Dirk Englund: Developing quantum technologies in scalable semiconductor systems
Storing and moving information are the main goals for quantum memories, which will be key to future networks.
Dirk Englund received his BS in Physics from California Institute of Technology, and his MS in electrical engineering and PhD in applied physics, both from Stanford University. He was a postdoctoral fellow at Harvard University until 2010, when he became Assistant Professor of Electrical Engineering and of Applied Physics at Columbia University. He moved to MIT in 2013 as Assistant Professor of Electrical Engineering and Computer Science and a member of the Research Laboratory for Electronics and the Microsystems Technology Laboratories. His recent recognitions include the 2011 Sloan Research Fellowship in Physics, the 2011 Presidential Early Career Award for Scientists and Engineers, the 2012 DARPA Young Faculty Award, and the 2012 IBM Faculty Award.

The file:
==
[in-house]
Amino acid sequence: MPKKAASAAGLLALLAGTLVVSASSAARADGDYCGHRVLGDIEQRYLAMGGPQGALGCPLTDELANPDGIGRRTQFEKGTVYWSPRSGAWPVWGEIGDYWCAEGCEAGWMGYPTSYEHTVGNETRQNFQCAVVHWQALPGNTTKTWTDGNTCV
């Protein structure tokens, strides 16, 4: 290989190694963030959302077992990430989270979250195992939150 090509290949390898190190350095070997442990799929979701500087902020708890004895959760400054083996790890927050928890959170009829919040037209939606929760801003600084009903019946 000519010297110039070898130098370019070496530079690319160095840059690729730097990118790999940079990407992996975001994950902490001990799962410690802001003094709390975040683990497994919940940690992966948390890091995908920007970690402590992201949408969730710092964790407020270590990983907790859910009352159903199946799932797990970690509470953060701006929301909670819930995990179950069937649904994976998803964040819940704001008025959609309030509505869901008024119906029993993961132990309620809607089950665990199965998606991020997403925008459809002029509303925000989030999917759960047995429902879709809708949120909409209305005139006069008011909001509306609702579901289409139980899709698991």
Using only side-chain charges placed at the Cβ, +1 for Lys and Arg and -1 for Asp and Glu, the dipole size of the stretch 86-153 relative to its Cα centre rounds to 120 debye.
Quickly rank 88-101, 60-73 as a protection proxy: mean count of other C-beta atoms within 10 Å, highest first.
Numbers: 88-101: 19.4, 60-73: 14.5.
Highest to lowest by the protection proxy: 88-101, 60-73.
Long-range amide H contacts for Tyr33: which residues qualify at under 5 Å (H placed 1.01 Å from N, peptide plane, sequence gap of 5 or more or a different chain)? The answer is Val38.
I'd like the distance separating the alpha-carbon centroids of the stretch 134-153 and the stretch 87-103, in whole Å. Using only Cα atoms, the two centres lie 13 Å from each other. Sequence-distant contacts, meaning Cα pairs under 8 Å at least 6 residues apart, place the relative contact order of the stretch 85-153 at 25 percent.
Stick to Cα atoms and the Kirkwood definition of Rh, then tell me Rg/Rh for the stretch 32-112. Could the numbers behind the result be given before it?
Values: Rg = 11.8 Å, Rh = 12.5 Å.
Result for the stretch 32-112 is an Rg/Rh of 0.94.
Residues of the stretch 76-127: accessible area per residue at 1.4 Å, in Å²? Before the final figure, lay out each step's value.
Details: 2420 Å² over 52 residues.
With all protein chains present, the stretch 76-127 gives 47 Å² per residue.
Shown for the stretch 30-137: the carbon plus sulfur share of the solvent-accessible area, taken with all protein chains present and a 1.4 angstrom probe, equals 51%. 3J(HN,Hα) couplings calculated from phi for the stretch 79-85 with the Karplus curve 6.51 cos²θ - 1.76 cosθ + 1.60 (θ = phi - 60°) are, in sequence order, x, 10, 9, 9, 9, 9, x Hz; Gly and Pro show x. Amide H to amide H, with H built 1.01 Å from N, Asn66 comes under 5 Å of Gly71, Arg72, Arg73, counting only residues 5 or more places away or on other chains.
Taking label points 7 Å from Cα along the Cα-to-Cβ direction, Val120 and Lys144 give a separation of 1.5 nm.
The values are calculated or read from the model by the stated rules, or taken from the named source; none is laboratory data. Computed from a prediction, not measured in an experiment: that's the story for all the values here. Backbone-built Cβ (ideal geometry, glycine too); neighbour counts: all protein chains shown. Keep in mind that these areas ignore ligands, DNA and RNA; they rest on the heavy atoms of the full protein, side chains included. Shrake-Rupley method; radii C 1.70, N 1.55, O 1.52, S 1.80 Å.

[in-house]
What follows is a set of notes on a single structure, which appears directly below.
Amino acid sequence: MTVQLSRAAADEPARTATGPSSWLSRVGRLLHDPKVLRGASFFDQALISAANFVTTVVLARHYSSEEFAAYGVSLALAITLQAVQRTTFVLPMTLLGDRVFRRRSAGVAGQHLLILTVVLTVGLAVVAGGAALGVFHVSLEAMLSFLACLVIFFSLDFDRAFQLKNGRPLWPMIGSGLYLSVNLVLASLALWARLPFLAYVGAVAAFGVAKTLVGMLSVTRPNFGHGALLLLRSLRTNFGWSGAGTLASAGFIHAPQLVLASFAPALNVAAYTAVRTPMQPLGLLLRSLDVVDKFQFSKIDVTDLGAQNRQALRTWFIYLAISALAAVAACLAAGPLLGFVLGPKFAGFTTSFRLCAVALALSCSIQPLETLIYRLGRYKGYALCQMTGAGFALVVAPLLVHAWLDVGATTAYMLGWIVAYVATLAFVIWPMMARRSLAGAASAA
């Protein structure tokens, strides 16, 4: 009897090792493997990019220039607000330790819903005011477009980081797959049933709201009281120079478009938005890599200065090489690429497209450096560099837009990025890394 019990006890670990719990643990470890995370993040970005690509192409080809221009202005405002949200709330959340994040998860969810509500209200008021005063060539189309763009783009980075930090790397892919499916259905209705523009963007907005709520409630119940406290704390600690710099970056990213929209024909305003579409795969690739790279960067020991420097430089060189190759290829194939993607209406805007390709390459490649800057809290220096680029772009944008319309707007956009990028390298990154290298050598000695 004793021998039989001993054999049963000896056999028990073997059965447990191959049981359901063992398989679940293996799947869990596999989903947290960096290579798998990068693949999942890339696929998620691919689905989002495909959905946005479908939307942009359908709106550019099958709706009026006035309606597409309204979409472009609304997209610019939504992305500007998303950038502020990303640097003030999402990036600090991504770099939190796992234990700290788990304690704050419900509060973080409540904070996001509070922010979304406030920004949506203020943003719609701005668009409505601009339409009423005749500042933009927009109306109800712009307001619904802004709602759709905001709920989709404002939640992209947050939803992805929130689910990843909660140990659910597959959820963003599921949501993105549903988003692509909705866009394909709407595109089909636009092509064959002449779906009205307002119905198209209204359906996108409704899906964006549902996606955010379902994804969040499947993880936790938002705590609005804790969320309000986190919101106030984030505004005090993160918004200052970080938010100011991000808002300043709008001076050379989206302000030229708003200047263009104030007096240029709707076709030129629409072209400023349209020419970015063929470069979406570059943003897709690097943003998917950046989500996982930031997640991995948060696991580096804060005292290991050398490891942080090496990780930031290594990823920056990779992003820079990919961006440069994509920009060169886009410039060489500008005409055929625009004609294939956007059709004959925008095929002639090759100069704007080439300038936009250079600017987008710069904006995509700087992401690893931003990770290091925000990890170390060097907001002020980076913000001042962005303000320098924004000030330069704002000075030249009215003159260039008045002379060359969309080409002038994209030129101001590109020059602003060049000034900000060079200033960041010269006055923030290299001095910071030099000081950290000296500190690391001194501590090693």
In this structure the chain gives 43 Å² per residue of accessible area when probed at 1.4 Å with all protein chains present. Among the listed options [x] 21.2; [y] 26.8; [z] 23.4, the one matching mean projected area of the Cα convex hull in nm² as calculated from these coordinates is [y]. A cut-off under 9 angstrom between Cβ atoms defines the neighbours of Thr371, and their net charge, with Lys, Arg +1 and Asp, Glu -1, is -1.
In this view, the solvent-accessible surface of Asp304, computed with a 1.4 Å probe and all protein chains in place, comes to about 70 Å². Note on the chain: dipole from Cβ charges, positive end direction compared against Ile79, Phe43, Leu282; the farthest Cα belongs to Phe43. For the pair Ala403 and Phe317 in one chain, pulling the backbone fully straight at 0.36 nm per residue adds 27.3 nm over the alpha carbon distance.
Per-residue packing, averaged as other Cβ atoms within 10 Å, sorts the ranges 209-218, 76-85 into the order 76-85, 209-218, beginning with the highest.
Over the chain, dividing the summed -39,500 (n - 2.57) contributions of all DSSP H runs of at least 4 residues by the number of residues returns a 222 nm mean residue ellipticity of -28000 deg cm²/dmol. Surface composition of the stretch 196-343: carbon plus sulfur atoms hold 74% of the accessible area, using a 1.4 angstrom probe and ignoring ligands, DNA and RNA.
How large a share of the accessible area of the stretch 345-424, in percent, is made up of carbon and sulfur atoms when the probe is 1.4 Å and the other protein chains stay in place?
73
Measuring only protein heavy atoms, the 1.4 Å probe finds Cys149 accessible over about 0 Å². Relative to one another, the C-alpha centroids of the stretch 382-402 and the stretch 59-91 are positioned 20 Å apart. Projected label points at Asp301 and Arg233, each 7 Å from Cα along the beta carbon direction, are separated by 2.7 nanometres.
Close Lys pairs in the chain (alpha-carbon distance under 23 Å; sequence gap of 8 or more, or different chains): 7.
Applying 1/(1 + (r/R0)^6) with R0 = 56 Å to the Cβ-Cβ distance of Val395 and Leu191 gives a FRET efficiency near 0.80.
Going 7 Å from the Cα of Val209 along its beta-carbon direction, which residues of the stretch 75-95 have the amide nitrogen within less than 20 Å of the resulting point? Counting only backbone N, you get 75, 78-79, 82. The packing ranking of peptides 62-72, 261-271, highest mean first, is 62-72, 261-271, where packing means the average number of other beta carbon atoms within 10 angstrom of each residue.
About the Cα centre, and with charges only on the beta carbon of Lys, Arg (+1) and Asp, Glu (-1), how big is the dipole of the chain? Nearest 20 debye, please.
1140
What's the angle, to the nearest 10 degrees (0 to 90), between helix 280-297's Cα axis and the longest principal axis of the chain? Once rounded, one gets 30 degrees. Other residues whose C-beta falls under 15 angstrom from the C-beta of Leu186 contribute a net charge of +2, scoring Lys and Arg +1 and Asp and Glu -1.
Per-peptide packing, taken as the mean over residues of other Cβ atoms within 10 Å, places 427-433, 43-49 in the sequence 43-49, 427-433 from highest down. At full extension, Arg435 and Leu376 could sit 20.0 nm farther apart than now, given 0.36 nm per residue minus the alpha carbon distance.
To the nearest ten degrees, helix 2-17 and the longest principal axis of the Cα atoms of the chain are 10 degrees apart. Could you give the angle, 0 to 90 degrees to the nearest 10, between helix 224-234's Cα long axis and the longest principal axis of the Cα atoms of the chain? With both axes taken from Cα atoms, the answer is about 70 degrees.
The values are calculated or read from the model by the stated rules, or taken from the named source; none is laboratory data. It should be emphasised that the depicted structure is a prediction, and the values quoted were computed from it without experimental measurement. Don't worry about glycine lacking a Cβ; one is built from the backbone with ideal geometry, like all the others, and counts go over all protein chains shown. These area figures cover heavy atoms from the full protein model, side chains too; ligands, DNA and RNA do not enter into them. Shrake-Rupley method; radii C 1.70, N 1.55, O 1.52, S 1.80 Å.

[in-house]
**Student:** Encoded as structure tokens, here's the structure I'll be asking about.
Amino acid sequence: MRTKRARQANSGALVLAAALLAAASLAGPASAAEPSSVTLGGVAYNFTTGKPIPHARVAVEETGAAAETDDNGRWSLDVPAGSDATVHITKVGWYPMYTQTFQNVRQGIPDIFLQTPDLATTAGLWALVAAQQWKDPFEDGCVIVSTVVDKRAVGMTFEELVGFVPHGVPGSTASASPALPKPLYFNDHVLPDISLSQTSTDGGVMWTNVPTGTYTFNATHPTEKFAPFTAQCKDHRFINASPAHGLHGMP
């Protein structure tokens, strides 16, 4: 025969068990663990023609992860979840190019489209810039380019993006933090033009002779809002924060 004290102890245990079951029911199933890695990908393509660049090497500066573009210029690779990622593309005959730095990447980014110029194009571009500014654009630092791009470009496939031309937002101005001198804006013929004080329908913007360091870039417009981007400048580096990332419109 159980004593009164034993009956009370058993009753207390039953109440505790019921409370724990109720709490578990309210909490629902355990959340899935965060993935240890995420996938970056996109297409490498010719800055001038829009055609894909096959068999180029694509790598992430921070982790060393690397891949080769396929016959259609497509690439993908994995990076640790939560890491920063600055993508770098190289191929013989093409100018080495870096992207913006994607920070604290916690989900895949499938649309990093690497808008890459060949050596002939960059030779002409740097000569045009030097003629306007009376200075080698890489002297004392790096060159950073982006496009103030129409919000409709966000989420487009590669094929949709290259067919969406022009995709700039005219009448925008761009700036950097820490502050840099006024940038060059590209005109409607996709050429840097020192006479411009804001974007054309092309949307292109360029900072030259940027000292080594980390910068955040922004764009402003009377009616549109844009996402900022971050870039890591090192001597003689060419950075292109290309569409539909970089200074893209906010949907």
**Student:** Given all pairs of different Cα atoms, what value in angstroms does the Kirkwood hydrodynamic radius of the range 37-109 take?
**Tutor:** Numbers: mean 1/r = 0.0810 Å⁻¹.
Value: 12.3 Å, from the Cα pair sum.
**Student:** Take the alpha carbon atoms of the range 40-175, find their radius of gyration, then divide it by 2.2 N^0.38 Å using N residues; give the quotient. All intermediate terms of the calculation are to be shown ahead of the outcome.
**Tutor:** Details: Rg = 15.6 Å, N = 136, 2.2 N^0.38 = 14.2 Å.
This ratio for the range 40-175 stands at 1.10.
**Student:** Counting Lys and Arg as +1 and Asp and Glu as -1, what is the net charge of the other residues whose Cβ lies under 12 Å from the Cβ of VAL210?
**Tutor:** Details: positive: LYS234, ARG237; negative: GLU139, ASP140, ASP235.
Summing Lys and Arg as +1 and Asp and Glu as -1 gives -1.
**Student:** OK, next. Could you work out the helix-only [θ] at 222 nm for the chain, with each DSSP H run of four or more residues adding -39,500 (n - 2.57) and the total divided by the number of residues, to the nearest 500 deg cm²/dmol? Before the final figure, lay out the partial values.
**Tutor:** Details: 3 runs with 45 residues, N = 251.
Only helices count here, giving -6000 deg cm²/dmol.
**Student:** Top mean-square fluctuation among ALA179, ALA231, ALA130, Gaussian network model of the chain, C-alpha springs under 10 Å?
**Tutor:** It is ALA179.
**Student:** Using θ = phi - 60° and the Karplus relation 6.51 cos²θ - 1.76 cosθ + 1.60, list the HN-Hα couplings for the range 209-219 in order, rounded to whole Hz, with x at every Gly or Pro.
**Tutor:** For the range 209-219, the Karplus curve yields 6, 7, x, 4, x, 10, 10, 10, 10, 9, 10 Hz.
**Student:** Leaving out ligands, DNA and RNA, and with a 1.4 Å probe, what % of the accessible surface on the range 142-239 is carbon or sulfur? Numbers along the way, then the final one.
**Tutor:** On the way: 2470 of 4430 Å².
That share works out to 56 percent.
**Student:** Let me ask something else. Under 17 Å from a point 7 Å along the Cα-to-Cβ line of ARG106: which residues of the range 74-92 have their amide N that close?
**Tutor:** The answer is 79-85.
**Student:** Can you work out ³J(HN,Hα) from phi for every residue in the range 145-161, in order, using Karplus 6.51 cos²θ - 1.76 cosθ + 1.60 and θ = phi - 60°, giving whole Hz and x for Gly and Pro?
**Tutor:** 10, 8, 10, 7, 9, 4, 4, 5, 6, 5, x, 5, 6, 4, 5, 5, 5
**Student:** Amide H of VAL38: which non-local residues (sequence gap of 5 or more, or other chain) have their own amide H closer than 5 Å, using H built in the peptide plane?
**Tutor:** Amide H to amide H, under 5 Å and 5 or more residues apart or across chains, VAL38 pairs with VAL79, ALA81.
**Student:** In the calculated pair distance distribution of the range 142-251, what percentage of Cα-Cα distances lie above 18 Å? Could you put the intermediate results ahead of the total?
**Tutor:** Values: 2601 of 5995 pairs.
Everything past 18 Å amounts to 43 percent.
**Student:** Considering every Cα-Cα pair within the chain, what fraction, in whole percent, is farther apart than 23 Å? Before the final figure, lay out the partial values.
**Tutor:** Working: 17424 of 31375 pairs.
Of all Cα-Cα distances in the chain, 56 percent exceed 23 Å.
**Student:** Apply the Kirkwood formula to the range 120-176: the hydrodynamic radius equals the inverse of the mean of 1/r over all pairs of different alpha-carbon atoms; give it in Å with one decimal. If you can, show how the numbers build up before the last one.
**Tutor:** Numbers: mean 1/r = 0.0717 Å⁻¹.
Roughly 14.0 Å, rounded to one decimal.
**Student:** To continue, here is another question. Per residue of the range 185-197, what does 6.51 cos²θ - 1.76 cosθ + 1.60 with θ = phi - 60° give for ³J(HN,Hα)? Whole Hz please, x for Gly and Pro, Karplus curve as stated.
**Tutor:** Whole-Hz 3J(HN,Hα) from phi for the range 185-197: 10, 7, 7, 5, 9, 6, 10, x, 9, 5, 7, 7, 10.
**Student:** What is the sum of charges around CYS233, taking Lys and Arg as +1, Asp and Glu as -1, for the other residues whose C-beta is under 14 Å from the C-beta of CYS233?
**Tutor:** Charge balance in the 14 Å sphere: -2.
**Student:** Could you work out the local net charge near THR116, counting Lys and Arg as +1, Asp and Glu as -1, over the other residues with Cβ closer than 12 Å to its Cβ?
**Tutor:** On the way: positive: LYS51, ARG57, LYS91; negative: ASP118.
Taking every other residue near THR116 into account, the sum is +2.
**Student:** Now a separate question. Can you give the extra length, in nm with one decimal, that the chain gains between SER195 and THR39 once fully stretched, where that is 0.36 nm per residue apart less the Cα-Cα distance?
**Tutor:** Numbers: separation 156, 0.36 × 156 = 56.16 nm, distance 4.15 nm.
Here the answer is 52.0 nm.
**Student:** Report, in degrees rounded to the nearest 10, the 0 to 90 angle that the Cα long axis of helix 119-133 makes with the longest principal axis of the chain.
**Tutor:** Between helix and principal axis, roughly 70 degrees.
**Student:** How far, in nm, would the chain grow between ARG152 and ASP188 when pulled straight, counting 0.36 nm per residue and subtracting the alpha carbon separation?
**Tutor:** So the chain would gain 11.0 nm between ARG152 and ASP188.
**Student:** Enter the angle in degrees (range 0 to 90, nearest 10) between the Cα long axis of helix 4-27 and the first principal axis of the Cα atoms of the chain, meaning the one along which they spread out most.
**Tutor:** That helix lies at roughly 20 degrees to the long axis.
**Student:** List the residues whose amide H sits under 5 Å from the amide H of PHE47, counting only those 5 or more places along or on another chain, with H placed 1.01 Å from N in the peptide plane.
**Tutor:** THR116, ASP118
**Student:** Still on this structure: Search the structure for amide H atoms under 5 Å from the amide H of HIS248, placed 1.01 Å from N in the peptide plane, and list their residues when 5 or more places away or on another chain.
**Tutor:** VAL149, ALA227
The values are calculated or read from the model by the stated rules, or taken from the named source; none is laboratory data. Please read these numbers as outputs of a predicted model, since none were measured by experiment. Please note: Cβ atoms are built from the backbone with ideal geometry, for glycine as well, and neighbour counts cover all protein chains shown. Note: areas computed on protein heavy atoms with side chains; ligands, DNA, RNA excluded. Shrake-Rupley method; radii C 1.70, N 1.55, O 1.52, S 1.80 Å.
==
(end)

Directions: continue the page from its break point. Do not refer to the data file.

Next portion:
Englund heads the Quantum Photonics Group, which develops quantum technologies in scalable semiconductor systems. Present goals include quantum simulators using scalable silicon photonic circuits and high-performance quantum memories based on electron spins in diamond color centers, high-speed quantum key distribution, and spinoff applications in optoelectronic devices for classical information processing. The group is also pursuing new applications in precision measurements, including the development of electron spin-based timing devices and biosensors.